Started in 2002, Numa, a Paris-based startup accelerator and innovator community, today is present across different parts of the globe. YourStory had a chance to chat with the Founder and CEO Marie-Vorgan Le Barzic and discover her journey.
It was the year 2001. The world as we knew it had changed. Media around the globe were showing just one shocking and painful image – the attack and destruction of the twin towers. Along with the loss of human lives and families crumbling around, the financial world took a massive hit. The repercussions of the hit changed Marie-Vorgan Le Barzic's world in Paris.
Marie was working in an admin role at a startup. At the age of 25, she went on to become a part of the HR team and had over a 100 people reporting to her. But the world had changed and suddenly she found herself out of a job.
Marie, Founder and CEO of Numa, says,
“I think I lost my world. The startup bubble in France had burst, I had lost years of hard work, lost friends, and my world was truly crumbling. It was during that time I felt that there needs to be something that built the startup ecosystem and was strong enough to hold any change.”
Daughter of farmers from Brittany, Marie was pushed towards another change in 2001. It was then that she got thinking that if she had to exist, she had to do something. Without a strong educational backing, it was at a startup that gave Marie wings of freedom and growth.
“It was incredible work and a truly amazing way of living and being. It was a startup that had given me meaning and a way of life. I saw the future with startups. And when it stopped in 2001, I thought it just cannot be the end.”
With a purpose in mind, Marie met people she knew who were a part of the startup world, urging all to do something. Identifying two inactive non-profits, she merged them and began Numa in 2002, as a startup event organisation. It was formerly called Silicon Centire, which resonated with pushing towards what had happened in Silicon Valley.
For two years, Marie had to ride against the tide. Most people who Marie approached scoffed at her. So while holding a day job, Marie began towards finding the right people and team.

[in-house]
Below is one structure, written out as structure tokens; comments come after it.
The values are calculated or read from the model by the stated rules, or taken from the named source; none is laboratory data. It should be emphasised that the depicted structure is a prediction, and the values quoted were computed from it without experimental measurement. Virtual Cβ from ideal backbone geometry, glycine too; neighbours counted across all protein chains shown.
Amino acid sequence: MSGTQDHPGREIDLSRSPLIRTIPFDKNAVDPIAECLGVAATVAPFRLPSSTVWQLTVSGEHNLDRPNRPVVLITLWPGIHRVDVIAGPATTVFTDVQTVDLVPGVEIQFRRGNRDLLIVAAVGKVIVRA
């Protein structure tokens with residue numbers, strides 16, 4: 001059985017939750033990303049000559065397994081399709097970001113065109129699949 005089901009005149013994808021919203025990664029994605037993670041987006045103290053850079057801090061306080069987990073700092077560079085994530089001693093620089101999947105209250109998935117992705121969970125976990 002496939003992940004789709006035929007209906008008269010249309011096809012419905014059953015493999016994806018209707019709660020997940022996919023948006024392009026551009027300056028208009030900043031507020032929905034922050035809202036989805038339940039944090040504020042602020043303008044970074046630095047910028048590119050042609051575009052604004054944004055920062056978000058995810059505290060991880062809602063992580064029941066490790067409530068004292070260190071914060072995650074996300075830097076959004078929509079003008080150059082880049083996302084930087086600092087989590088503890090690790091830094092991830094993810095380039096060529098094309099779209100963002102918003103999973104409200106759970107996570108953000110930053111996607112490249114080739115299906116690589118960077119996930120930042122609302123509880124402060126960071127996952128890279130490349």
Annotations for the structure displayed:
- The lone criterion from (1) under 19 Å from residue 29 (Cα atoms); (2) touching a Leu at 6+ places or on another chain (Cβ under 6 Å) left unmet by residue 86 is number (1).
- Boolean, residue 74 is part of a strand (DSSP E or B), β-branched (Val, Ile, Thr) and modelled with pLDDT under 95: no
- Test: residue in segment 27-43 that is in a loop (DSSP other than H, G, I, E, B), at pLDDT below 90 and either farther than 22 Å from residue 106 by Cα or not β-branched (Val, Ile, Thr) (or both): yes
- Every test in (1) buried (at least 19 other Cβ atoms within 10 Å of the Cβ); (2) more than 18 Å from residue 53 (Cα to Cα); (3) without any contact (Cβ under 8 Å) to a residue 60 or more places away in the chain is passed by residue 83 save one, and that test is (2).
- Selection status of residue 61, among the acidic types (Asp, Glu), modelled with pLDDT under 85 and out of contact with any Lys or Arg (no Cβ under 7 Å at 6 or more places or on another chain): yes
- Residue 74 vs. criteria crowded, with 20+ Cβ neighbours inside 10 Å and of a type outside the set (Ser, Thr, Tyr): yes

She says that when you want someone to work with you on building something, it is important that you find people for the right reasons. Marie had learnt this the hard way. She had begun working with people who were engaging themselves to be a part of an organisation for their own gains and benefits. This hurt the organisation in the long run. It was a difficult time for Marie. She says,
There were days when I would wake up in the morning and wonder what is that I am doing. And wouldn’t think I could do this. But then you push yourself. The first two years, from 2002 to 2004, were tough. Everyday you had to motivate yourself, you just have yourself and there is nobody else. It is a lonely ride. And it was tougher because there were two problems – I didn’t have a degree from a big university and I am a woman. But it is the way you become strong.
The first 20 events were tough. There would be five people in the audience. Marie would’ve invited speakers, but there were hardly anybody to listen. It was just 18 months back when she started raising funds, Marie realised the fact that it would be a tough ride being a woman entrepreneur. In early 2015, Numa became a for-profit organisation. Most people asked her two questions - Where did you graduate from? And are you really running the operations?
Marie believes that most people find it difficult to believe that women would run and manage a business successfully. “Many people told me that I would never make it big.” Today, Numa is open across different parts of the Globe – Paris, Bengaluru, Moscow, Barcelona, and Mexico City to name a few. Everybody in France and across the world is looking at startups as the future.
Over the past 15 years, Marie has seen a slew of startups grow and evolve. She says that today startups are also different. Earlier, only the strongest and the most resilient survived. While now, everybody wants to be an entrepreneur. “Today, there are more wantrepreneurs than entrepreneurs. There’s also new expertise like growth hacking that just didn’t exist,” says Marie.
The ecosystem is stronger, and there is also more support. The relationships between people are more dynamic now. In the past five years, since they started their accelerator, Numa has seen 15 exits. Numa also has a strong presence in Bengaluru and now it is focused on ensuring that all startups get global exposure. Marie says,
“Indian startups are fast growing and it is booming ecosystem and entrepreneurs here are more open to taking risks. My only advice to all the founders is ‘think big and innovate for the world.’”